We knew the Moon from our earliest days. It was there when our ancestors descended from the trees into the savannahs, when we learned to walk upright, when we first devised stone tools, when we domesticated fire, when we invented agriculture and built cities and set out to subdue the Earth. Folklore and popular songs celebrate a mysterious connection between the Moon and love. The word “month” and the second day of the week are both named after the Moon. Its waxing and waning — from crescent to full to crescent to new — was widely understood as a celestial metaphor of death and rebirth. It was connected with the ovulation cycle of women, which has nearly the same period — as the word “menstruation” (Latin mensis = month, from the word “to measure”) reminds us. Those who sleep in moonlight go mad; the connection is preserved in the English word “lunatic”. In the old Persian story, a vizier renowned for his wisdom is asked which is more useful, the Sun or the Moon. “The Moon,” he answers, “because the Sun shines in daytime, when it’s light out anyway.” Especially when we lived out-of-doors, it was a major — if oddly tangible — presence in our lives.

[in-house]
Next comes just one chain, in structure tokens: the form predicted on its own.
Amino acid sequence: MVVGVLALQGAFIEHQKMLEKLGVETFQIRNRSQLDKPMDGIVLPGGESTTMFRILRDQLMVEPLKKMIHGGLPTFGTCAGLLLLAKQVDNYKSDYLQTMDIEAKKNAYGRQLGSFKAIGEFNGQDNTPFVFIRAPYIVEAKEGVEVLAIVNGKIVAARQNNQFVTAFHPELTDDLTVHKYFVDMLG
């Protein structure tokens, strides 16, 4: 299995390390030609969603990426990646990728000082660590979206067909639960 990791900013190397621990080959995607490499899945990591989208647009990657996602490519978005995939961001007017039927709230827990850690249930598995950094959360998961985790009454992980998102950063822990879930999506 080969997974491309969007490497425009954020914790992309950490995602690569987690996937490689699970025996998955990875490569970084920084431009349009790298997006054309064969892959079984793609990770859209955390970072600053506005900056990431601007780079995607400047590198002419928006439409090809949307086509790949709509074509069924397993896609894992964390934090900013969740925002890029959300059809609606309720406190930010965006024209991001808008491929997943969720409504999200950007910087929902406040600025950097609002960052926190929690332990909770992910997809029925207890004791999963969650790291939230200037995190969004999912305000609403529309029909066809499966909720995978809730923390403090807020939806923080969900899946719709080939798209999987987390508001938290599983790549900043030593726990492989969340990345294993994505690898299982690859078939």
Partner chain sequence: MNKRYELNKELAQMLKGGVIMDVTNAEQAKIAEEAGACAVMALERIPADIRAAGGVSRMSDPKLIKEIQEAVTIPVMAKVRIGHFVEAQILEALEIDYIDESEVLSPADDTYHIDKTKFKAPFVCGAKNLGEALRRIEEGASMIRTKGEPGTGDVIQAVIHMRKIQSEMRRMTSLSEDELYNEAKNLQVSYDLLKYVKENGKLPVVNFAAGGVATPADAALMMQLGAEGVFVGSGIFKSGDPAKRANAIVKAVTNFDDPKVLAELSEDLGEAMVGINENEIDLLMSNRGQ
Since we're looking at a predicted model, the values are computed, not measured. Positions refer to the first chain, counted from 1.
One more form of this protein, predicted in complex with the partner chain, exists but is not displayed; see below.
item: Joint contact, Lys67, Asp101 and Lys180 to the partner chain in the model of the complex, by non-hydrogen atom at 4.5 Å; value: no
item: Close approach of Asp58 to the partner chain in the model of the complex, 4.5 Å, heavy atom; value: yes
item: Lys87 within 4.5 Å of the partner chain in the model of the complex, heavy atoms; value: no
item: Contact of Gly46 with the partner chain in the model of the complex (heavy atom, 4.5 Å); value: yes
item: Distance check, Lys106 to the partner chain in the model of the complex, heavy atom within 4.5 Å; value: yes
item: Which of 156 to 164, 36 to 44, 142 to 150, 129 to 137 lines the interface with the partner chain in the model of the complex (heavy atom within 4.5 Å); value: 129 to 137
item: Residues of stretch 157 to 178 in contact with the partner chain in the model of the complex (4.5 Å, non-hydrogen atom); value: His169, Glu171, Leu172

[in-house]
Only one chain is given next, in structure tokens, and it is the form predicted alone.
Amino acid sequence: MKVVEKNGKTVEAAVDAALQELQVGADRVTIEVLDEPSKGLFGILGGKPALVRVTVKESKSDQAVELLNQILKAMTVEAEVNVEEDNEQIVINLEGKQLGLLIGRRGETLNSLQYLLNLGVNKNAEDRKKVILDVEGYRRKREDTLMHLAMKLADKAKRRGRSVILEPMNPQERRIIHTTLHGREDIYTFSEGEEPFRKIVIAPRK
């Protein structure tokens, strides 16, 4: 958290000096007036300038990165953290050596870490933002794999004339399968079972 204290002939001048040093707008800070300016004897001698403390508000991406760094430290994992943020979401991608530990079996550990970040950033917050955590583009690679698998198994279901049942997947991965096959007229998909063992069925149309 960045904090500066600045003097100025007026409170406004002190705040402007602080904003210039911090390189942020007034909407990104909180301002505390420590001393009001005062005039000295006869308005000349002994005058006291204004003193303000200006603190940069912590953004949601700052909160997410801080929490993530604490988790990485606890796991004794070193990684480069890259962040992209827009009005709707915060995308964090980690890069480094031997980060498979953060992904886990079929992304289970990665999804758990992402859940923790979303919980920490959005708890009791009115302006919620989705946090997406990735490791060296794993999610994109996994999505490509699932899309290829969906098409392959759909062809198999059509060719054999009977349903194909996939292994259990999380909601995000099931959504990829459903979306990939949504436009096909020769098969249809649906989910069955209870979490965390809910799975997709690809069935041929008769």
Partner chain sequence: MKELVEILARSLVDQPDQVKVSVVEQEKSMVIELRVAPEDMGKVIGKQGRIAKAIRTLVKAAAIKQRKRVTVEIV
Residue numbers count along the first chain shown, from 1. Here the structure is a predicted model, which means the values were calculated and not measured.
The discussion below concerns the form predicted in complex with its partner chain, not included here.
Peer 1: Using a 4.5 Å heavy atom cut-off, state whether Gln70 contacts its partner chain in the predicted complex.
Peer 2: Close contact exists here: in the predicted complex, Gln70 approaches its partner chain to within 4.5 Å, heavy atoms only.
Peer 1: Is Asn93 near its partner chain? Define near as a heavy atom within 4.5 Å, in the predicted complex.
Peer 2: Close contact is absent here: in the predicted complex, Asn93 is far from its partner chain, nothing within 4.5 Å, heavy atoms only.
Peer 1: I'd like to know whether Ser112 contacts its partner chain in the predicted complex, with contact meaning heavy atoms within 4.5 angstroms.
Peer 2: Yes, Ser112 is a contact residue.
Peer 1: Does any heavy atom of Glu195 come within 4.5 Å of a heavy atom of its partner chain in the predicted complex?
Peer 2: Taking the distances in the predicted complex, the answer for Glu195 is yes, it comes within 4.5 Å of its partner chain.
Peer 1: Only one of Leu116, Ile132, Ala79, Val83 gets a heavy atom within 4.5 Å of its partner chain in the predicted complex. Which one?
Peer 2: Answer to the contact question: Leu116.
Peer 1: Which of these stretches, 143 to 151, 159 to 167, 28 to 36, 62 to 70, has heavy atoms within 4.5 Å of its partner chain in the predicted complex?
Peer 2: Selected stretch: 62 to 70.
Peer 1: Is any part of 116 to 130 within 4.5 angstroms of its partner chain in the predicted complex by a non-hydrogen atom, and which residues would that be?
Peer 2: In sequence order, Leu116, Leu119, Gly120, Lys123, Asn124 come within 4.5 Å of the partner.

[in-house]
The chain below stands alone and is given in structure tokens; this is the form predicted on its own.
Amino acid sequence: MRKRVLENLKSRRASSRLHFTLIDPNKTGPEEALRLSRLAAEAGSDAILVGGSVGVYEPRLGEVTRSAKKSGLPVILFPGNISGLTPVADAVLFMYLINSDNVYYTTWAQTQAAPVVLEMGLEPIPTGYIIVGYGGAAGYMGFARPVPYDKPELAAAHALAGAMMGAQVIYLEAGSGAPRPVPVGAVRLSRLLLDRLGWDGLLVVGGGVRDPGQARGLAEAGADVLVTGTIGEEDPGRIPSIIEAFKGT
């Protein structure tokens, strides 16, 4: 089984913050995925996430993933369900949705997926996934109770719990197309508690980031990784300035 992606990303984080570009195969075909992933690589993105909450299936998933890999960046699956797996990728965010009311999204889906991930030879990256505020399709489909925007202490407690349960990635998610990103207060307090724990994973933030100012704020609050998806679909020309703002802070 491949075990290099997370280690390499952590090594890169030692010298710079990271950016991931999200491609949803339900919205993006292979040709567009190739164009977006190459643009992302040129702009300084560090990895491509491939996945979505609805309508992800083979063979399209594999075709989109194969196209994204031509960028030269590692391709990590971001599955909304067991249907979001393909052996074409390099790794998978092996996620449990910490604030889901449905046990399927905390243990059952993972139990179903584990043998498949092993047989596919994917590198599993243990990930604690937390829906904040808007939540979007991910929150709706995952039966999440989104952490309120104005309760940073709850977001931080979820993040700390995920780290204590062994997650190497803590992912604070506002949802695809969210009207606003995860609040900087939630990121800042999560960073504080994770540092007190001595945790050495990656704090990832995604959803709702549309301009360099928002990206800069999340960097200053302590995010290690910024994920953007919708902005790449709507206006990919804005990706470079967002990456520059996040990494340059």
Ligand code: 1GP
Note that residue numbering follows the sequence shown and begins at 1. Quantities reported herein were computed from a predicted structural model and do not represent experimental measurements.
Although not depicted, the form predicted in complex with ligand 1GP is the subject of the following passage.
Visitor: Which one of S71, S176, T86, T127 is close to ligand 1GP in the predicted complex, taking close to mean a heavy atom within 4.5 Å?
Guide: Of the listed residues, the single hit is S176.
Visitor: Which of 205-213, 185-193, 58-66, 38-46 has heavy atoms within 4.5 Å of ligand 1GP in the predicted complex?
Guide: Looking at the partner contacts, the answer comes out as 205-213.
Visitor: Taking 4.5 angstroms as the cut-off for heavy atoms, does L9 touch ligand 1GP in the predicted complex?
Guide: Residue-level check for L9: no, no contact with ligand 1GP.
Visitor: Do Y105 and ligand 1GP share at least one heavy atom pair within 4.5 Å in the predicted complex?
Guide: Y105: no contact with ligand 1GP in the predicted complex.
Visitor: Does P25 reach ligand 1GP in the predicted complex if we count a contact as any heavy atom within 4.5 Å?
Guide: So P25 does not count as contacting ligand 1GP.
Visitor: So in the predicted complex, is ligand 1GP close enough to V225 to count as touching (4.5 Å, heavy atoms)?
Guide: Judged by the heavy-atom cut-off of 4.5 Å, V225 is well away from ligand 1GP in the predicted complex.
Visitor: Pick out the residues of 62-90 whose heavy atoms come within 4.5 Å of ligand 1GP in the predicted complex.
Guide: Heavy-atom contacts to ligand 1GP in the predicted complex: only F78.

The Moon was a metaphor for the unattainable: “You might as well ask for the Moon,” they used to say. Or “You can no more do that than fly to the Moon.” For most of our history, we had no idea what it was. A spirit? A god? A thing? It didn’t look like something big far away, but more like something small nearby — something the size of a plate, maybe, hanging in the sky a little above our heads. Ancient Greek philosophers debated the propositon “that the Moon is exactly as large as it looks” (betraying a hopeless confusion between linear and angular size). Walking on the Moon would somehow have seemed a screwball idea; it made more sense to imagine somehow climbing up into the sky on a ladder or on the back of a giant bird, grabbing the Moon, and bringing it down to Earth. Nobody ever succeeded, although there were myths aplenty about heroes who had tried.